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How someone exercises when using an insulin pump depends on his or her sport of choice and insulin needs, but there are general guidelines to follow.
If you are new to wearing a pump and/or exercising, consult with your doctor and begin with gentle workouts. Learn what works best for you by starting slow and making small adjustments as you gain experience.
Before starting any physical activity, it is important to check your blood sugar:
- If it is low, you will need to consume 15 to 20 grams of carbohydrate (or the amount you doctor recommends) and wait about 20 minutes before working out.
- If the glucose is high, check for ketones; if ketones are present, exercise should be postponed until levels are back within your target range.
Your diabetes team may recommend lowering your basal rate one to two hours before prolonged activities (more than 90 minutes). Insulin pumps provide an option for adjusting the basal rate for a specific time. How much the basal rate is lowered depends on your physical condition and the duration of the exercise; longer activities require lower rates.
During and After Exercising
Always have a quick carbohydrate source with you. If you notice symptoms of hypoglycemia (low blood sugar) while exercising, stop and take 10 to 15 grams of fast-absorbing carbohydrate. Wait 15 minutes and check your glucose level.
Test your glucose after working out and make necessary adjustments. Correct low levels with carb intake. For elevated glucose, wait because your depleted muscles are being replenished with glycogen. If your diabetes team has different advice, follow that.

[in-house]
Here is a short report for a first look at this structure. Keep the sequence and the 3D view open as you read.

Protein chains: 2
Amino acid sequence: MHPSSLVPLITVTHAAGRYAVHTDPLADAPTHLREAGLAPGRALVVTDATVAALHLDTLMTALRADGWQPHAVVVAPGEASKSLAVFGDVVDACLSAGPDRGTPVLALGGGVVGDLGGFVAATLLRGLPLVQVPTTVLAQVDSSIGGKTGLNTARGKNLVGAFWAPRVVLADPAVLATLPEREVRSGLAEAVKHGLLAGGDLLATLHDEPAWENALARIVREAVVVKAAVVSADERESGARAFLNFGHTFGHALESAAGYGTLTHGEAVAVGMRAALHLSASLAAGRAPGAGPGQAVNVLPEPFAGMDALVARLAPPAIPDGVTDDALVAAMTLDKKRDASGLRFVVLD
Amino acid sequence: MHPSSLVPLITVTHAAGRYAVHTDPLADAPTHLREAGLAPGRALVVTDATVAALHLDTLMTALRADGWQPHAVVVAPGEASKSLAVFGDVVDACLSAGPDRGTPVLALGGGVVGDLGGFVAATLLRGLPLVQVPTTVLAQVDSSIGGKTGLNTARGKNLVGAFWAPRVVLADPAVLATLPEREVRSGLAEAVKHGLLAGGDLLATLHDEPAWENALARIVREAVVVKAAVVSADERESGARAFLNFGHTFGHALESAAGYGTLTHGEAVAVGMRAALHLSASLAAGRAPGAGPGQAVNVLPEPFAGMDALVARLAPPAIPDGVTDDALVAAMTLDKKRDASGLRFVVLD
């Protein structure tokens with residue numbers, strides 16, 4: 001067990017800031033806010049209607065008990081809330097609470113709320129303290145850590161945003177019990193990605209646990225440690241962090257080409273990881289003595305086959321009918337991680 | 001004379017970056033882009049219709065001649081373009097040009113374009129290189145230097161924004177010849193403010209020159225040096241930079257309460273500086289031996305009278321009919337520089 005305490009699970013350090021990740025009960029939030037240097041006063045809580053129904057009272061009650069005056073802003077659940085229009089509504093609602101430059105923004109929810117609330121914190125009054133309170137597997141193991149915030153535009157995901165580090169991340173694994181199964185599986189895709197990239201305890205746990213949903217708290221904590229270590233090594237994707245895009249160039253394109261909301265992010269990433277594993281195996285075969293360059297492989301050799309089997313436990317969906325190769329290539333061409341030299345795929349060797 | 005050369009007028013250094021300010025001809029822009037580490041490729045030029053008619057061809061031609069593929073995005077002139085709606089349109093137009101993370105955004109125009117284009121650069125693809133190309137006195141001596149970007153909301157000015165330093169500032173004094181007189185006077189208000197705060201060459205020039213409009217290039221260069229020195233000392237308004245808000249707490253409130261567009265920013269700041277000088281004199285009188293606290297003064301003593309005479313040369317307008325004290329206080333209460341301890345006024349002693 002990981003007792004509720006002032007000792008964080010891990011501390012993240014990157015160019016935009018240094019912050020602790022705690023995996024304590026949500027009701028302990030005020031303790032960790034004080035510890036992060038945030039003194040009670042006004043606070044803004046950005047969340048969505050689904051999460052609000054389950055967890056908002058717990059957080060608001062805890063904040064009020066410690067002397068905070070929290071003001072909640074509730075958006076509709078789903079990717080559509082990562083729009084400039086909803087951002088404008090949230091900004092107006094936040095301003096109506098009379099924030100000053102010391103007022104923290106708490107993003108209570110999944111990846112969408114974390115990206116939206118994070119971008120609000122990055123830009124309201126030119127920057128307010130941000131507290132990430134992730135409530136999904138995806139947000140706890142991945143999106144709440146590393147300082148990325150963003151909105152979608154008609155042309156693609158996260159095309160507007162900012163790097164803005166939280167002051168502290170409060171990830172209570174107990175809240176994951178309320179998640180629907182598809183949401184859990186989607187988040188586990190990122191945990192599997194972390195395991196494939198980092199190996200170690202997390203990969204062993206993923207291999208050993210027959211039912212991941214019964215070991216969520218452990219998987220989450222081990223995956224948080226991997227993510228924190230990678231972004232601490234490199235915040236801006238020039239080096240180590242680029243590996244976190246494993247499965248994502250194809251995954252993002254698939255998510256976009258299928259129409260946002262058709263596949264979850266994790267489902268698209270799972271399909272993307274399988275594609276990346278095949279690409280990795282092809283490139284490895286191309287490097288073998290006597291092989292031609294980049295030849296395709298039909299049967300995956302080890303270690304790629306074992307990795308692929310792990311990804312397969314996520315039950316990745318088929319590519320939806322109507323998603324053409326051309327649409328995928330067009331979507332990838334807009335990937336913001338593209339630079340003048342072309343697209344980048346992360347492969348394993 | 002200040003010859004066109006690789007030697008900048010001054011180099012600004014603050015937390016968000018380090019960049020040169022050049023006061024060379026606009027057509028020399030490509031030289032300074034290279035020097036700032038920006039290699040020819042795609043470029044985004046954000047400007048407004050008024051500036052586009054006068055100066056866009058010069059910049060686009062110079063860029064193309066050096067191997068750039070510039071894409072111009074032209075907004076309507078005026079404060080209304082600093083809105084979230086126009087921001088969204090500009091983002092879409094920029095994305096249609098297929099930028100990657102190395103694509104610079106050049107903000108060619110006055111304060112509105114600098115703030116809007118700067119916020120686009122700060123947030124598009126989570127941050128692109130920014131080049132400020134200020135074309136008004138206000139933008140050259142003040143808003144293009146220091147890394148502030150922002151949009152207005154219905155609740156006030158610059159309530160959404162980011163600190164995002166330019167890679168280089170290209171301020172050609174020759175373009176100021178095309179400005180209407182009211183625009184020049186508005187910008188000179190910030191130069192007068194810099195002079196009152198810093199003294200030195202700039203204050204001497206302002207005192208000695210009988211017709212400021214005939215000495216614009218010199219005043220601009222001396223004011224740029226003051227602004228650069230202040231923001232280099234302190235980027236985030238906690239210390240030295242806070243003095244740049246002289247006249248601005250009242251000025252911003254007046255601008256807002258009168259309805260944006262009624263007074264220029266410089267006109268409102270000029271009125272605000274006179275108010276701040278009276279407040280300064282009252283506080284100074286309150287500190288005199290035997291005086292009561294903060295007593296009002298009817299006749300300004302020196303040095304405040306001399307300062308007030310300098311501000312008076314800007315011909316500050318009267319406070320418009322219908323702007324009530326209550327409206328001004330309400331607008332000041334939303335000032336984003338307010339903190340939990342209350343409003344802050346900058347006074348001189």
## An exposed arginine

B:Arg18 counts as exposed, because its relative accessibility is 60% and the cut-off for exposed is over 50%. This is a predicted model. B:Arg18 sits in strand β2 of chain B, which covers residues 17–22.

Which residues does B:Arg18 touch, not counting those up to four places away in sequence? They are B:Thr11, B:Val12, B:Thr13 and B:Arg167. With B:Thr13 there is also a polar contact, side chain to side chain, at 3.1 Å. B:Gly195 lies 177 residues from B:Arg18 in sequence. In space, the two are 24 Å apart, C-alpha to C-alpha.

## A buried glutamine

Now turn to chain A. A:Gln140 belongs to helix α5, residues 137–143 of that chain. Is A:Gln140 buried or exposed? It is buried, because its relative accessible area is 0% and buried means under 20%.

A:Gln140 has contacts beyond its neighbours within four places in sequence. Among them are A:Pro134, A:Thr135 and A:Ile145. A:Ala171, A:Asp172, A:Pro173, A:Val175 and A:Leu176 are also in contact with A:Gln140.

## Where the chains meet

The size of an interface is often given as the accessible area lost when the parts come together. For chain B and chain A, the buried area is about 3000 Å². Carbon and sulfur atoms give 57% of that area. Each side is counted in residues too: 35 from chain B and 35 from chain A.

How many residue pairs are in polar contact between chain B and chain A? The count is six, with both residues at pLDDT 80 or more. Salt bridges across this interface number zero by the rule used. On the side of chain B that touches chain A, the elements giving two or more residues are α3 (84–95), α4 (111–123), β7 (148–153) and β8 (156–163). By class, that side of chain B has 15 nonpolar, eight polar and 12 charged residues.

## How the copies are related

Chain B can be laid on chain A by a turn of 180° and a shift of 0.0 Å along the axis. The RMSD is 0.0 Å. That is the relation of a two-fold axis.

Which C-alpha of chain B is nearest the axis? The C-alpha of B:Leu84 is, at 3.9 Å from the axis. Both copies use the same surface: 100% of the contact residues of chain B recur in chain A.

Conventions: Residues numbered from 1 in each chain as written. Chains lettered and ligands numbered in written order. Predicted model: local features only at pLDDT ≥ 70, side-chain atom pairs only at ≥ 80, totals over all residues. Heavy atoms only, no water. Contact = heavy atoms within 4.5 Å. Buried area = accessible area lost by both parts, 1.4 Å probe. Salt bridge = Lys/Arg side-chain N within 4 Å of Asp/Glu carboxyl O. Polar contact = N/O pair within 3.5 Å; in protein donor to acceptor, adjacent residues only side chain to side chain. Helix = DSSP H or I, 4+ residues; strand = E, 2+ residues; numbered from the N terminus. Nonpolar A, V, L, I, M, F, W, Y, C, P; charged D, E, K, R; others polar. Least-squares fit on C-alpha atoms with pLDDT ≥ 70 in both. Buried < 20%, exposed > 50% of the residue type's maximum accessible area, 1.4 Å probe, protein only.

After prolonged exercise, it may be wise to retain a lower basal rate for a while. Experience, monitoring and doctor’s recommendations are your best guides.
People engaging in contact sports or swimming may choose to remove the insulin pump while working out. Read the pump manufacturer recommendations and consult your doctor.
Disconnecting from the pump for fewer than 90 minutes is generally safe. The missed basal insulin is usually not replaced.
If disconnection from the pump will exceed 90 minutes, your doctor may instruct hourly reconnection to administer a bolus dose of insulin. If hourly reconnection is not possible, an “untethered” program – involving a morning dose of long-acting insulin and a reduced basal delivery system – may be feasible.
The best tips for safely enjoying intense or prolonged sports while using a pump are found on the blogs or websites of experienced pump-using athletes.
You will also want to protect your pump and insulin from extreme temperatures while exercising as that can lead to insulin breakdown.
- When the pump is worn close to the body, cold weather is usually not a problem.
- If you are exercising in temps higher than 86 degrees Fahrenheit, it is best to shield your pump and tubing from direct sunlight.
- Pump reservoirs and tubing exposed to prolonged high temperatures may need to be changed more often.
Those participating in high-impact sports are typically recommended to use a flexible plastic cannula, which helps prevent infusion-site discomfort or injury.
Athletes who have lean bodies generally prefer angled infusion sets as they are less likely to irritate the underlying muscle wall. Angled sets also have longer cannulas that are less likely to pull away from the skin than short ones.
Source: Integrated Diabetes and Diabetes Care
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